After a short descent, the climb to Col de Montsegur started, gently at first but not for long. At points, the climb hit 11% and held a steady 6% to 9% for the majority of the upper slopes. Once again, at the top, the views were stunning, no time visit to the monastery for us. A chill hung in the late afternoon air and with 20 odd miles to get home, we donned jackets and hit the road, rewarded with a super-fast descent.

Day Four, 75 miles, 4,072 feet climbing – Strava

Yoga, breakfast and a look at training calendars

A relatively steadier day, as tomorrow, apparently, will be a cracker. Still, a good few miles planned though, around 70, all thanks to James. On our first night Dave quizzed us on our goals and aims for the week. James, in his haste, stated he would like to get in 70+ miles a day. There it was, set in stone.


The day was set to be lumpy but no significant climbs.  We enjoyed a relaxed, sociable first half, until lunch. The afternoon started pleasant enough until we paused at a junction. We were offered two alternative routes home. I should have learnt by now, never go in the group with Coach Dave, but this is what I came for, to train, to ride hard and fast, to get fitter. The holiday, for want of a better term, is billed Fitness Week. So, off we went in our two groups. It wasn’t long before the paced had raised and this was no longer a sociable ride.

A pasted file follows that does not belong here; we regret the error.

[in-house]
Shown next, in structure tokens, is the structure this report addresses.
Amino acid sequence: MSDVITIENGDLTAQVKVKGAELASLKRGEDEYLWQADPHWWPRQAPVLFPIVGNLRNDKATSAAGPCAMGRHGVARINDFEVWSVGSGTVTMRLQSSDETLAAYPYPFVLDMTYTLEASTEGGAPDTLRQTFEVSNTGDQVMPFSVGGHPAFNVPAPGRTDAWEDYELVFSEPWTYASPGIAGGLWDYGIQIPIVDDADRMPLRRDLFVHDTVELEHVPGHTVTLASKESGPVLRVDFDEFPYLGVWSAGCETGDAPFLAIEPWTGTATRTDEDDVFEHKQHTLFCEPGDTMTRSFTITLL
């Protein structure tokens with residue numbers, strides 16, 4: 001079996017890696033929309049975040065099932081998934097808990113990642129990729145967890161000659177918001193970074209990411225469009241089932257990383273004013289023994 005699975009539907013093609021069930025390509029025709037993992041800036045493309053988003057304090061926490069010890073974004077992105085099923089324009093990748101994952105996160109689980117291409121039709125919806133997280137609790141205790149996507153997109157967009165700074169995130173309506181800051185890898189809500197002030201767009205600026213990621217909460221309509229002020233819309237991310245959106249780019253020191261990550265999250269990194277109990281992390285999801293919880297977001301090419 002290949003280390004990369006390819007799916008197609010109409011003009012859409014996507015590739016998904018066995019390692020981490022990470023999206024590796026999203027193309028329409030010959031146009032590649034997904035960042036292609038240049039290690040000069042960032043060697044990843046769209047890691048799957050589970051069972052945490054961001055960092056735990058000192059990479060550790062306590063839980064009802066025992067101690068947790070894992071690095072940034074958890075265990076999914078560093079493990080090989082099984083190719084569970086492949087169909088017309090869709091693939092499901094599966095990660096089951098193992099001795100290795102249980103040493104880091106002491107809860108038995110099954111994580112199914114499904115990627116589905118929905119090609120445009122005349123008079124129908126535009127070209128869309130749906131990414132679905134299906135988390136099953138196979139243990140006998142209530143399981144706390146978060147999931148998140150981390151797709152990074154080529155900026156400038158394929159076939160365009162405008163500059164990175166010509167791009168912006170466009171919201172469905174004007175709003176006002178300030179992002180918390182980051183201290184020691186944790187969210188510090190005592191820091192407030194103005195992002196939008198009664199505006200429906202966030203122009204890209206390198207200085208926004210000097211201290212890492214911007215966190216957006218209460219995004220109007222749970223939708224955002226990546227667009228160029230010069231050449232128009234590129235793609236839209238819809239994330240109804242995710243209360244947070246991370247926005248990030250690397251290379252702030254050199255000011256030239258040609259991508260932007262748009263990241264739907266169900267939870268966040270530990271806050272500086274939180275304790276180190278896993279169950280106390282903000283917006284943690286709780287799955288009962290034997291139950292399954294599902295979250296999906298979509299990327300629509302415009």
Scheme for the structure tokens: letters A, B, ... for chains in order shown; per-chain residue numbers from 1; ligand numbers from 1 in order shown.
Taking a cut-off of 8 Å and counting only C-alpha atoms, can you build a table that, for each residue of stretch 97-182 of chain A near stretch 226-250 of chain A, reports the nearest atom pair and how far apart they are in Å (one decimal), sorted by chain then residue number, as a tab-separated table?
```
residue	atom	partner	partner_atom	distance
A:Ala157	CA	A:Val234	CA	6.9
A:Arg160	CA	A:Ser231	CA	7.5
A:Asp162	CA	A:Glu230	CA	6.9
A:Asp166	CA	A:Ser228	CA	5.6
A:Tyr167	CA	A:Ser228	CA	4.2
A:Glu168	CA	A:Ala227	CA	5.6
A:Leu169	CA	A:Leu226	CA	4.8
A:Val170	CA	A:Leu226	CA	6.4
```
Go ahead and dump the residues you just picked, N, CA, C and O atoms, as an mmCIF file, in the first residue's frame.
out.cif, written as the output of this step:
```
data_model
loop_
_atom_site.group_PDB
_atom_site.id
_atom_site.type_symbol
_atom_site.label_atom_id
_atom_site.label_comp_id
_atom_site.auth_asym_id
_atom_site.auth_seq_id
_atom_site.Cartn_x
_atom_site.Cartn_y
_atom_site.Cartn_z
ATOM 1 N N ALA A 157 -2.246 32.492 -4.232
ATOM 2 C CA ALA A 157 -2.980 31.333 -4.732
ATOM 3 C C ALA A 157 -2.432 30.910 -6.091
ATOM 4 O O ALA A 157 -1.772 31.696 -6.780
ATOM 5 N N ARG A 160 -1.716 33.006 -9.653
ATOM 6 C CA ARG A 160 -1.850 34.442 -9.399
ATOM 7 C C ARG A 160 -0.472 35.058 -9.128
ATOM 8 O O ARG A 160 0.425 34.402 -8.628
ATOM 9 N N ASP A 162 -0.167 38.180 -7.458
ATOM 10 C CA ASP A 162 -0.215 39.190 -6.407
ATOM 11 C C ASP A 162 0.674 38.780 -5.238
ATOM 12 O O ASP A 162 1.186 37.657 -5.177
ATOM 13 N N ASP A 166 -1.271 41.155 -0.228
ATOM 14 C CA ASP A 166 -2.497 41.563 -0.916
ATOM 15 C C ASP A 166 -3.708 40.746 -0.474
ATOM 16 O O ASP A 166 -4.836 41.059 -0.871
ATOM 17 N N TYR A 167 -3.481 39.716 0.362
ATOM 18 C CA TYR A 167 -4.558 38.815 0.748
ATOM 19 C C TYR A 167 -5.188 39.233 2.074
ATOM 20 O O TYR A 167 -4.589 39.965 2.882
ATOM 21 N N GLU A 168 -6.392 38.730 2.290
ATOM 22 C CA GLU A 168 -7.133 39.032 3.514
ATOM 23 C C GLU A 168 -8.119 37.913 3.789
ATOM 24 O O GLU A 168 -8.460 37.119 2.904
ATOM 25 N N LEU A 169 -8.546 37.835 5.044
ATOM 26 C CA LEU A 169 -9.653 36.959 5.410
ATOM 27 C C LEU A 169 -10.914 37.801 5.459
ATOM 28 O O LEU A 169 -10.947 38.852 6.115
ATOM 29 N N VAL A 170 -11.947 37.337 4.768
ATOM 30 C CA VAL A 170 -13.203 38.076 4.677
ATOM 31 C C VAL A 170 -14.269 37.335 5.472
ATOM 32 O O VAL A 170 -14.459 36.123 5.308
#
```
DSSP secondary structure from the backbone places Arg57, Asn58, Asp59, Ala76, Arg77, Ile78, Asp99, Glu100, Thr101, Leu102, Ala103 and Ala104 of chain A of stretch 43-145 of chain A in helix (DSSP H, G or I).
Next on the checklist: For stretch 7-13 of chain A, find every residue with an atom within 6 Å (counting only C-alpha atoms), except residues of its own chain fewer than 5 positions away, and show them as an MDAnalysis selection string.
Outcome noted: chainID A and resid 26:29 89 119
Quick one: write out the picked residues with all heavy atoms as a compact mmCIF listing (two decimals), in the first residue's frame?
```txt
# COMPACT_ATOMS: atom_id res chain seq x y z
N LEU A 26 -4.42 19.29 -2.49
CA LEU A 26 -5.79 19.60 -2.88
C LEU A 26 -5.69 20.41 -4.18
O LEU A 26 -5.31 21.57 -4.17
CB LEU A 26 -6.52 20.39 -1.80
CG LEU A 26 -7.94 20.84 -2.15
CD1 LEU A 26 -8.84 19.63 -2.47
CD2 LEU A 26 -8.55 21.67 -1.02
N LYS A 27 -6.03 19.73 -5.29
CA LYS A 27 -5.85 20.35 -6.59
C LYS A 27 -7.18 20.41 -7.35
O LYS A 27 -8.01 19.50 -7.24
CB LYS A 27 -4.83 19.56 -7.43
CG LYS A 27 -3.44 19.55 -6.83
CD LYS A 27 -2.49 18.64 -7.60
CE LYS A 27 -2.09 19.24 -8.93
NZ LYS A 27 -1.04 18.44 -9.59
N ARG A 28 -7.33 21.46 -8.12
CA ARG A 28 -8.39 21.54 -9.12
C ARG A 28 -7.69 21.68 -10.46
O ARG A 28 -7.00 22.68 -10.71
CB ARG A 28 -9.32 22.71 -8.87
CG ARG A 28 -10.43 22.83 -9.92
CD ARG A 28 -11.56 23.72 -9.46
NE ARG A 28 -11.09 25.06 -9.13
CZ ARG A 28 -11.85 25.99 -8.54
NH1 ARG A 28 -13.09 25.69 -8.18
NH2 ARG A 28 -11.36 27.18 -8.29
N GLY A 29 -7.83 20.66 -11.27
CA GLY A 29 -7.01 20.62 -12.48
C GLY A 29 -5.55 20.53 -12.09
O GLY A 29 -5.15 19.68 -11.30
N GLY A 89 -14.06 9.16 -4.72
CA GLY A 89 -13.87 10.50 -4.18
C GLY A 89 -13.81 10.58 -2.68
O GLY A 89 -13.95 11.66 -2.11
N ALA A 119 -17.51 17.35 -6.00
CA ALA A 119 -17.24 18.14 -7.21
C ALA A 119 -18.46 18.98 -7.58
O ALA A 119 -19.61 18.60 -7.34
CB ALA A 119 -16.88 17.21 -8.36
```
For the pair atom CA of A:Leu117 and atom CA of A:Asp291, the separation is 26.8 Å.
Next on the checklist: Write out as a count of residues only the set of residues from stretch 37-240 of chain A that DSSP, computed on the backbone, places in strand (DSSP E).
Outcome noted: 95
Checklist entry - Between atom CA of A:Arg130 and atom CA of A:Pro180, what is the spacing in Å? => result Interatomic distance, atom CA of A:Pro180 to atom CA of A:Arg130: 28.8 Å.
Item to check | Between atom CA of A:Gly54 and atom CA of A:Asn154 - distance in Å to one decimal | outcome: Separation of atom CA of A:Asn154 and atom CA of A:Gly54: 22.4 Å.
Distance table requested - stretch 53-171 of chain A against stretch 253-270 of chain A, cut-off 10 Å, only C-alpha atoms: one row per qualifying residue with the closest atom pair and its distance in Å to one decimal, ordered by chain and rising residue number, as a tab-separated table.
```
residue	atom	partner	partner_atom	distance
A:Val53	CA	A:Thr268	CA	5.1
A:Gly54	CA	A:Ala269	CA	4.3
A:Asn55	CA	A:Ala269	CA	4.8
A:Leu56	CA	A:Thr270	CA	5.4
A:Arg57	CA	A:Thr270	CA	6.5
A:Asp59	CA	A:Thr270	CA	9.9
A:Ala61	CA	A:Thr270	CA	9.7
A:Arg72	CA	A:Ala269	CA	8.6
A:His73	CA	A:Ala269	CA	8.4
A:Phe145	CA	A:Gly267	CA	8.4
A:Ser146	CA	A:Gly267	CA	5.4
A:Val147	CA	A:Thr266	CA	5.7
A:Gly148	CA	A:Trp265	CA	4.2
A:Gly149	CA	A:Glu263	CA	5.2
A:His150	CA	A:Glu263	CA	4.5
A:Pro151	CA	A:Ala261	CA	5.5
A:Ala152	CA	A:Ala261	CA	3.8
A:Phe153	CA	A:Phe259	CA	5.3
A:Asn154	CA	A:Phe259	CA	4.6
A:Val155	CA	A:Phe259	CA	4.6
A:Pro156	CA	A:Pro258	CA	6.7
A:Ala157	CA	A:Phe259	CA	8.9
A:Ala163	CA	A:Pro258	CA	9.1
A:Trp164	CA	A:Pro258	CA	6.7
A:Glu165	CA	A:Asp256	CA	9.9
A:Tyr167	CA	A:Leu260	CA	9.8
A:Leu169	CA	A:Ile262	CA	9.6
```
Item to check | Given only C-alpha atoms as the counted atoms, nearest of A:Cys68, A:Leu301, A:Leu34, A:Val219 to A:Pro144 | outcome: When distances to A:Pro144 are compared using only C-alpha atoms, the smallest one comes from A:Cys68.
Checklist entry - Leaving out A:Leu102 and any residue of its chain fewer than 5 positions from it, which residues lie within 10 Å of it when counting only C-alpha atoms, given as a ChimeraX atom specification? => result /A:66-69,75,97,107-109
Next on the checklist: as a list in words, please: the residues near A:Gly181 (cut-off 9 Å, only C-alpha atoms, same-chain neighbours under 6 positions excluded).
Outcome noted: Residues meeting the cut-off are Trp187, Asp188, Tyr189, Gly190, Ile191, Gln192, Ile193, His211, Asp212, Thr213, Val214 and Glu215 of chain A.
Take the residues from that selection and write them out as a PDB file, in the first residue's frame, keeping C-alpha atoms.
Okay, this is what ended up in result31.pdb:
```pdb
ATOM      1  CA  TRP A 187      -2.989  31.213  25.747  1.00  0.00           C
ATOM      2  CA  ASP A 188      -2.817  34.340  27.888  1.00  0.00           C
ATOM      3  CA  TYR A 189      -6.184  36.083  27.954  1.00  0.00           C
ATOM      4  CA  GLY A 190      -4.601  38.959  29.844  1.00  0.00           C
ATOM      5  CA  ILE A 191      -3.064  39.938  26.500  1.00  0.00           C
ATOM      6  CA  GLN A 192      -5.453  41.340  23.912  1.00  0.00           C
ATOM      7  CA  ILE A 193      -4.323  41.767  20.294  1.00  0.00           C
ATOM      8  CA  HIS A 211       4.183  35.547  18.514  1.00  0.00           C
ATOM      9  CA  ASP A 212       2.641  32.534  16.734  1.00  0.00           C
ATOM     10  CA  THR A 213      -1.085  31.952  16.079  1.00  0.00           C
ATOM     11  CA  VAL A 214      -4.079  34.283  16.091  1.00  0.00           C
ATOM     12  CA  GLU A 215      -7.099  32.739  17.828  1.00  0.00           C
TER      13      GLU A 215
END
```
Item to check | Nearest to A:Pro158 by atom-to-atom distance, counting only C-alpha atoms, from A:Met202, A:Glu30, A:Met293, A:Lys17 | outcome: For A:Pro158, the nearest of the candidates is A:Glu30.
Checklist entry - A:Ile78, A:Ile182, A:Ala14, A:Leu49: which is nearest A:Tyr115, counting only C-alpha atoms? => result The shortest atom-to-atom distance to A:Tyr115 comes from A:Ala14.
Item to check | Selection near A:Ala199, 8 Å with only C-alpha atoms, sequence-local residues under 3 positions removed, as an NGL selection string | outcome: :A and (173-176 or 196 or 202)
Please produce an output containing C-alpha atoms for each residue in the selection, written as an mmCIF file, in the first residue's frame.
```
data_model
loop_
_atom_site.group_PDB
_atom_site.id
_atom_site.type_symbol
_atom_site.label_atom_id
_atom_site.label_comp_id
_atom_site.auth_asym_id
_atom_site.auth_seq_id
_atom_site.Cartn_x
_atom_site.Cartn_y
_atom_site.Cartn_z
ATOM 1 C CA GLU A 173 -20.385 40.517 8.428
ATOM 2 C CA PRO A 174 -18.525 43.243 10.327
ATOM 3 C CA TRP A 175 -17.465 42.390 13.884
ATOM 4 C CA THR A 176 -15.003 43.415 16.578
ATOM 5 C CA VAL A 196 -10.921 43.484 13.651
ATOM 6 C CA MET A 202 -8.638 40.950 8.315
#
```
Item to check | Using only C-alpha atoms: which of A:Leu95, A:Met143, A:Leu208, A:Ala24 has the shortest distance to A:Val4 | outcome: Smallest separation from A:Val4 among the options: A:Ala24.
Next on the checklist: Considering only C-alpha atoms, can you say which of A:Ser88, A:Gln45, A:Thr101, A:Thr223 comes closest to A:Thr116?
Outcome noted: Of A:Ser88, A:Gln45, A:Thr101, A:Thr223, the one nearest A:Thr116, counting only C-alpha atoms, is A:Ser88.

Day Five, 46 miles, 6050 feet climbing – Strava

Today was to be our shortest day but with the most climbing. We would climb the Plateau De Beille at 1780 meters. The previous evening Dave introduced the Plateau De Beille, reading excerpts from The Great Road Climbs Of The Pyrenees

There are French hard men who say the Plateau De Beille is on par with Mont Ventoux and very few people who have cycled up it have a nice word to say about the brute.

I went to bed reading Simon Warrens, 100 Greatest Cycling Climbs of the Tour De France. The Beille featured in La Tour in 1998 and was categorised as HC.

The Plateau De Beille receives a solid 8/10 in Simons book and is described as “As solid as they come.”

The climb is 15.8 kilometres with a maximum gradient of 11% and a height gain of 1255 meters and in winter is a ski resort.

We drove out to the start of our ride, the climb was too far from our base to ride there and back.

The day started flattish, but with a small hump to get over before our proper climb. At a mere 3000ft, the unnamed hump split the group and seemed a little unnecessary given the day we had ahead of us. With a short descent into Les Cabannes, we had time to stop for coffee and refuel before the climb.